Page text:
Diving In: College
In 1998 I started College in Computer Information Systems at Indiana Tech in Fort Wayne, Indiana. One of my scholarship requirements was to take on a certain number of hours with an on campus job. I ended up working in the Cafeteria as a food runner and the Maintenance Department doing everything from carpet cleaning, floor waxing, lawn care to maintaining and designing FileMaker Pro databases. In the second semester of my Freshman year, Cory, a senior was to be graduating in May and he had been working in the Maintenance department as well and helped the Maintenance Director with a FileMaker Pro “key database”. It was a database that tracked all the keys and locks on the campus. With Cory on his way to his to be stellar career he needed to train someone to be able to help with the maintenance of the database and since I was in the CIS program he thought it would be a good fit. The database itself was pretty basic but with the FileMaker Pro tools it was much better than a spreadsheet. During the training, Cory explained how everything worked and even a few idea’s he had to improve it.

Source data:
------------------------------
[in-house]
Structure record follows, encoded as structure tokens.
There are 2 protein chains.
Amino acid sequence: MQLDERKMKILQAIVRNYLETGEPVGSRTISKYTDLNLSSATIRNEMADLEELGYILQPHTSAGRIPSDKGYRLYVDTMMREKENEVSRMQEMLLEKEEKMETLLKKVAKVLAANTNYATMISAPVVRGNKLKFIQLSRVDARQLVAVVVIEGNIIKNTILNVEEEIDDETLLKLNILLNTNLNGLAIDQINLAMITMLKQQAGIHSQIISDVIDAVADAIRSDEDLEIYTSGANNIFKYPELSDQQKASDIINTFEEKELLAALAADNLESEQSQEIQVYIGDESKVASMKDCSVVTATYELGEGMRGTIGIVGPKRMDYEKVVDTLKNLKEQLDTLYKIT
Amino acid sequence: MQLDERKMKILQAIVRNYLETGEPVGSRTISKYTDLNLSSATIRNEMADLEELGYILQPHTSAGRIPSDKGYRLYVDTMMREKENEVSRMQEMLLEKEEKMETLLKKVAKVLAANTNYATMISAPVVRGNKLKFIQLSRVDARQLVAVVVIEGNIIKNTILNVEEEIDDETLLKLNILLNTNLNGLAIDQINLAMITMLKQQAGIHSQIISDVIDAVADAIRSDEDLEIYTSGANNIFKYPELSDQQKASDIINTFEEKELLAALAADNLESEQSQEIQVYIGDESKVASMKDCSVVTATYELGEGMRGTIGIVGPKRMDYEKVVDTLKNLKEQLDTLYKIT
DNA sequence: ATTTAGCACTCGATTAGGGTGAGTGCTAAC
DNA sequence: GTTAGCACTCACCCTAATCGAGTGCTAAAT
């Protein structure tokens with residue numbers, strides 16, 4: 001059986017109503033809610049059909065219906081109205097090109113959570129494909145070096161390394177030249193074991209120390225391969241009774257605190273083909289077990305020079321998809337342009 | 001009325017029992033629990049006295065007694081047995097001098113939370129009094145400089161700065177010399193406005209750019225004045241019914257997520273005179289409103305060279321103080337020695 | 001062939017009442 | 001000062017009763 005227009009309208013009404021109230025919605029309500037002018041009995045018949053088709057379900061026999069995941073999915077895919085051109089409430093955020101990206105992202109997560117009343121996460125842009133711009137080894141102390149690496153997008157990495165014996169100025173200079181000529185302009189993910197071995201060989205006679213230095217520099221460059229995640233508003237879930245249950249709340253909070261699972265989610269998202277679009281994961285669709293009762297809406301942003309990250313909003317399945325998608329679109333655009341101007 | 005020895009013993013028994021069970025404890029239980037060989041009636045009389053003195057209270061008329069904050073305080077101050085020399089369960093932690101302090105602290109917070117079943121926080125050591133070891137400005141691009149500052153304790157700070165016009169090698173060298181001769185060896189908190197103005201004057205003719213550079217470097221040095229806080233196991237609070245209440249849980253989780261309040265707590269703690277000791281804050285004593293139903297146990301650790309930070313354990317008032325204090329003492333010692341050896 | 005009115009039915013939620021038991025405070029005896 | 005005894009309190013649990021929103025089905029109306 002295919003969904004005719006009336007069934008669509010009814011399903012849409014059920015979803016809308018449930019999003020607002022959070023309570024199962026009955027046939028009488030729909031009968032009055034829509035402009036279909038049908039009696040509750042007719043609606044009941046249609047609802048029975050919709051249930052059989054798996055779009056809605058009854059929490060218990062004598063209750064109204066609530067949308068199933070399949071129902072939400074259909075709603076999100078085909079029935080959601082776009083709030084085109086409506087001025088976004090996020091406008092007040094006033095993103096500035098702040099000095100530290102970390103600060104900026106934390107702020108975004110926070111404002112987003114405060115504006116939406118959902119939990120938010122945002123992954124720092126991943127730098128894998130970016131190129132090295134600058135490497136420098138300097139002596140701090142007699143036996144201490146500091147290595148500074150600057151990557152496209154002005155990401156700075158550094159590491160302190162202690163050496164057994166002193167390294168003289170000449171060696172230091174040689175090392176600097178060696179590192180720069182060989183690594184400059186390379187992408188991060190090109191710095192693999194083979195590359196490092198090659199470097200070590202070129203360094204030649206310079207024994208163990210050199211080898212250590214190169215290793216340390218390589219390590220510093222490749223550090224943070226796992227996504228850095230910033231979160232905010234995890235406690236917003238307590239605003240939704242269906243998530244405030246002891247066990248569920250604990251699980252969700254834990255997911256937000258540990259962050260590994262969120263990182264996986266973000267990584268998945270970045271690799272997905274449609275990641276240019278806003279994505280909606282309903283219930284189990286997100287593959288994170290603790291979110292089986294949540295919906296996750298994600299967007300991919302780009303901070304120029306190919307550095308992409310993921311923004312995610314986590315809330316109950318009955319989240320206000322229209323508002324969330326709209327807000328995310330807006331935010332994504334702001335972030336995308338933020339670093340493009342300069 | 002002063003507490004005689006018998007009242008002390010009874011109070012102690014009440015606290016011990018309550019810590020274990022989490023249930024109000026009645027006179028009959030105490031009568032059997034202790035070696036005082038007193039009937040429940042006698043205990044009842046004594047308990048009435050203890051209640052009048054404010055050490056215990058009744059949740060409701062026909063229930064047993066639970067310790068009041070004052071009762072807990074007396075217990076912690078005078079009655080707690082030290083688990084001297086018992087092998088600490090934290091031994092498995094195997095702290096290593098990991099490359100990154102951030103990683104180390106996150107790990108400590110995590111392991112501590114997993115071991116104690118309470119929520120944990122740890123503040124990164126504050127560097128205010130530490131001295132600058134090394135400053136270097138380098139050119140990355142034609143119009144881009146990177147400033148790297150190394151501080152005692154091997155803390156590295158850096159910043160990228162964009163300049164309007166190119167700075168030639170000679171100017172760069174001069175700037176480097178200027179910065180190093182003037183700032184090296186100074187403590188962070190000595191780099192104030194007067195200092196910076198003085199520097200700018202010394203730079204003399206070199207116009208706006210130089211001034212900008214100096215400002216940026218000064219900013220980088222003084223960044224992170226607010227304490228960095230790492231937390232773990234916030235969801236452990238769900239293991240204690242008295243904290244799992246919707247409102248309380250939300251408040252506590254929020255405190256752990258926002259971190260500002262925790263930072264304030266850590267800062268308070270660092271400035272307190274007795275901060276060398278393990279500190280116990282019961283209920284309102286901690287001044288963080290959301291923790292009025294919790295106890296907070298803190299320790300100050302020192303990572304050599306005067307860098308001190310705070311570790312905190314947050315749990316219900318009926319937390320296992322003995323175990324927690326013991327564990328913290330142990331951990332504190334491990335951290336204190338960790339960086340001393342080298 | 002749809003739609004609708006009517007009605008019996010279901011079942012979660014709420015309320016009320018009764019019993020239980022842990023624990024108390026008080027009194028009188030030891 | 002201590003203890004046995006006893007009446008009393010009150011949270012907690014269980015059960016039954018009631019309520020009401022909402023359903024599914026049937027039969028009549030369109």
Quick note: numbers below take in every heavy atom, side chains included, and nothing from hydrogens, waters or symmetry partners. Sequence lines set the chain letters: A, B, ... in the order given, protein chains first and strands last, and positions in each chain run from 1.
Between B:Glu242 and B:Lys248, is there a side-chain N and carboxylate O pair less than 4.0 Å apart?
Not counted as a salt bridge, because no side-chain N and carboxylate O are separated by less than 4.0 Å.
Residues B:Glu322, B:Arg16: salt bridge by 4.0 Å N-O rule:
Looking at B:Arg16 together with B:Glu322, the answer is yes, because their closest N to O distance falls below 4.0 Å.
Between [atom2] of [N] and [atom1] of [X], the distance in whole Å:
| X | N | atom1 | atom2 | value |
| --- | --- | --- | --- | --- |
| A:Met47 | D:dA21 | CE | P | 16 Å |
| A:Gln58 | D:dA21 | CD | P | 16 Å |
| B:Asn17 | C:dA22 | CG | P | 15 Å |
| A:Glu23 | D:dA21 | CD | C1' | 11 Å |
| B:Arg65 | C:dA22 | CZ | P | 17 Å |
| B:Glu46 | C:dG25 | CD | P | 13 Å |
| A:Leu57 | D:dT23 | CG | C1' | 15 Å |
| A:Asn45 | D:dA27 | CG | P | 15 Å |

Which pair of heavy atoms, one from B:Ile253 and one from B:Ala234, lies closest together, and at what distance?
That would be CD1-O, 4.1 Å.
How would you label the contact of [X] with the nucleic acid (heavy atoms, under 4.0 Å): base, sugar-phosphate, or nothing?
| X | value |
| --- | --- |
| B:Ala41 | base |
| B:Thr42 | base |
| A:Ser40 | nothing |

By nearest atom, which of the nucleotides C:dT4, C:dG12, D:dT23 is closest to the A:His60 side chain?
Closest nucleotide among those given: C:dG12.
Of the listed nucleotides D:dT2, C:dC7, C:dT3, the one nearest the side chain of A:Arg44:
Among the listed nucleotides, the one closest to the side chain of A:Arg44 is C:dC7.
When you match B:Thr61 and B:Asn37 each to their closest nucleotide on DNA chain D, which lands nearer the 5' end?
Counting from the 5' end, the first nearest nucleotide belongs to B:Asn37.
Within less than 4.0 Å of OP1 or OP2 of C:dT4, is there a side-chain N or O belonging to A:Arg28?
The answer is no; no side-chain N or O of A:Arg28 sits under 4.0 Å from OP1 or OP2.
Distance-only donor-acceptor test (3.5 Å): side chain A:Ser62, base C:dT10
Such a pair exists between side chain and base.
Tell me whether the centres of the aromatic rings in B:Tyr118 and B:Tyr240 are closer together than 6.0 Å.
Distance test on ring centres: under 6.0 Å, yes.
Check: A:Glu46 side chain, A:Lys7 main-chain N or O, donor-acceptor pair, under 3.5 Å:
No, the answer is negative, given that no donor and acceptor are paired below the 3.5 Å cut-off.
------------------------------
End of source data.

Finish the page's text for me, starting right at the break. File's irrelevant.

During that Summer Break I continued to work on campus in the Maintenance Department and during that time I made a few tweaks to the ‘Key Database’ and during this time I got to know many of the Maintenance employee’s better and through that, I discovered several area’s in the department that wasted significant time. Two tasks I thought could be improved with a FileMaker Pro database was incoming package tracking for students calling to see if their package had been delivered yet and purchase order tracking. So with the approval of the Maintenance Director, that fall I dove into these two FileMaker Pro projects as I had time between my other duties:
Package Tracking Database